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Sydney's Museum of Contemporary Art

Con Temporary

Sydney's Museum of Contemporary Art
Sydney’s Museum of Contemporary Art
I use the word “contemporary” as much as, or more than, the next person. In fact I use “contemporary” when some use “modern” because, naysayers notwithstanding, I think much of our contemporary world is more “post-modern” than “modern”.

Sometimes I joke that some contemporary artists, on their deathbed, will go, “ha, ha – gotcha!” [We’ve all seen art that consists of a pile of rocks in a circle, the rocks not touching, and the artist has left the person curating the exhibition free to arrange the rocks any way they like; or an unmade bed…; or a stack of bricks…]

What I hadn’t noticed, previous to walking past the Sydney Museum of Contemporary Art, is that the word “contemporary” is gluing together “con” and “temporary” (were the architects having a now-not-so-private joke?!)

I hope you can pick the tenor of this post. Even so, in the context of developing and leading contemporary worship, the observation should cause us to pause.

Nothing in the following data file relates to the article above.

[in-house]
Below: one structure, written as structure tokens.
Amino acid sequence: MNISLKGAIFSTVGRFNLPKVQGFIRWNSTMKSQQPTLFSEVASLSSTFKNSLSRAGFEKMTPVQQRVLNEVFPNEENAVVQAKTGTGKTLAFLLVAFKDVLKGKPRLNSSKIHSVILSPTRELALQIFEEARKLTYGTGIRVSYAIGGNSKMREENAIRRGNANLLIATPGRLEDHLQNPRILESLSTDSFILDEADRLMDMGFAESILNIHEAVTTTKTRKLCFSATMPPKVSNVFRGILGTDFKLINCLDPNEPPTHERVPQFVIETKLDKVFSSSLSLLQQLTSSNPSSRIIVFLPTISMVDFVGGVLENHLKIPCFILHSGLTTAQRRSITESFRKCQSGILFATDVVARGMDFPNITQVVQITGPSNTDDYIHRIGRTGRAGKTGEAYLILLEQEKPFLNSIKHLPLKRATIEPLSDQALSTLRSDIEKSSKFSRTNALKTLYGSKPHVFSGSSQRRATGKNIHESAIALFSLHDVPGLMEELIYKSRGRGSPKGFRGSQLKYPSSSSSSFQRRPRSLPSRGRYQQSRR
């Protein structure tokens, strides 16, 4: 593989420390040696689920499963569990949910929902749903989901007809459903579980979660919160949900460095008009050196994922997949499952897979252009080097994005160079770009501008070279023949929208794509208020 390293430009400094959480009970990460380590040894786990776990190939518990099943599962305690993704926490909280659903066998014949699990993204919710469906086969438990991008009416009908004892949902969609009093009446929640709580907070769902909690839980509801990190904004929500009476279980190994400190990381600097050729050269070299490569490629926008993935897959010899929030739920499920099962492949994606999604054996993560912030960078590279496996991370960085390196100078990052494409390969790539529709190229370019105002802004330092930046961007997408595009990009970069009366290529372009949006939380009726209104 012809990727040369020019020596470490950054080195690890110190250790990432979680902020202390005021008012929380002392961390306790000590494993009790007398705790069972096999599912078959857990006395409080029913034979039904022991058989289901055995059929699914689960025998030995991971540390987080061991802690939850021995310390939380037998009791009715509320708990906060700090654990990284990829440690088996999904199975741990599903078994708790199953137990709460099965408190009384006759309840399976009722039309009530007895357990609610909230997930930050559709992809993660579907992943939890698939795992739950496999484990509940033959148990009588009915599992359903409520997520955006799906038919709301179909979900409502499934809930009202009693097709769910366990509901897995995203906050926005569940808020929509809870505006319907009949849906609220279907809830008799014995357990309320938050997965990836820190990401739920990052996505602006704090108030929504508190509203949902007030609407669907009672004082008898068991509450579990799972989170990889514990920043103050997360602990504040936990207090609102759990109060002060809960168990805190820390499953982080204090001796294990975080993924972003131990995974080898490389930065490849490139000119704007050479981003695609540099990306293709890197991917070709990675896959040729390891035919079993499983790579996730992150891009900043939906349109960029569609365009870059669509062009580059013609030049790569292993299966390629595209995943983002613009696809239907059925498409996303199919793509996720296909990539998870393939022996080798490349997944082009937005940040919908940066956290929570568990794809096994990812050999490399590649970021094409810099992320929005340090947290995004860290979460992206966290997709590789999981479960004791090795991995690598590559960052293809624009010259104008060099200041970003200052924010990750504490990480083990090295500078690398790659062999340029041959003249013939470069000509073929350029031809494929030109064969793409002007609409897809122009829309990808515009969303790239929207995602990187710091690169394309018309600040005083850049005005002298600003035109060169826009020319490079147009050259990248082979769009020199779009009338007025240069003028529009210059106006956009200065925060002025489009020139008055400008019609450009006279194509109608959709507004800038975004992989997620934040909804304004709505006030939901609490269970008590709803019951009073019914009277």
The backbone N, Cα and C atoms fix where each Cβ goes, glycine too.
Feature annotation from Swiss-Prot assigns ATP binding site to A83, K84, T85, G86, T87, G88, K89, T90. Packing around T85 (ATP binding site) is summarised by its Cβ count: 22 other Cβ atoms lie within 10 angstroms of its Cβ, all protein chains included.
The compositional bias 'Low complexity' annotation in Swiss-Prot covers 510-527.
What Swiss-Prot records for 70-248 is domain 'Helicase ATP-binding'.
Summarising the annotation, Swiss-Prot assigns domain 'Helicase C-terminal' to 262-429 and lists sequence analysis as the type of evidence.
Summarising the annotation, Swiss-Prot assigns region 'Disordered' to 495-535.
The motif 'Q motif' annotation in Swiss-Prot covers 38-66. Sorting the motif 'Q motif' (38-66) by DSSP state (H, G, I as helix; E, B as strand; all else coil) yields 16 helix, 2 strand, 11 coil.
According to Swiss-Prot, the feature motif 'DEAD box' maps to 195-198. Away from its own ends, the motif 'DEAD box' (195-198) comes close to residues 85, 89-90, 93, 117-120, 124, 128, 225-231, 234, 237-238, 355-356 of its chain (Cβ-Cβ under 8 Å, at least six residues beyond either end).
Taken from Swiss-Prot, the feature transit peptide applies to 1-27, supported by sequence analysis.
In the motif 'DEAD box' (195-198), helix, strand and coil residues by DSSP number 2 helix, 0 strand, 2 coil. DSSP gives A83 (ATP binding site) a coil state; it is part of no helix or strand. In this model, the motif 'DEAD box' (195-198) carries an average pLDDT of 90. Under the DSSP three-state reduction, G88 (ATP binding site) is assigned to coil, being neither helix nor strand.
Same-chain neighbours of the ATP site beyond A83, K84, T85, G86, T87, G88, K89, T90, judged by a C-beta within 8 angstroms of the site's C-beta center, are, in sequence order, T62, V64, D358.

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5 thoughts on “Con Temporary”

    1. Yes – important point, Claudia. The flip side of the coin is the realisation that worship not merely be our own construct, but a participation already now in the worship that is to come. Blessings.

  1. An honest word to describe the present state of affairs. “Tradition” is the dishonest word (or perhaps it is used dishonestly?). It presupposes that something has always been and therefore always should. Whereas the writer of Ecclesiastes reminds us that, yes everything has it’s time, but really it is but a passing mist. Just a “con” and only “temporary”.

    1. Good point, thanks, Jethro. Is Ecclesiastes the final word for us – or do we, as Christians, have a Word that trumps Ecclesiastes? Blessings.

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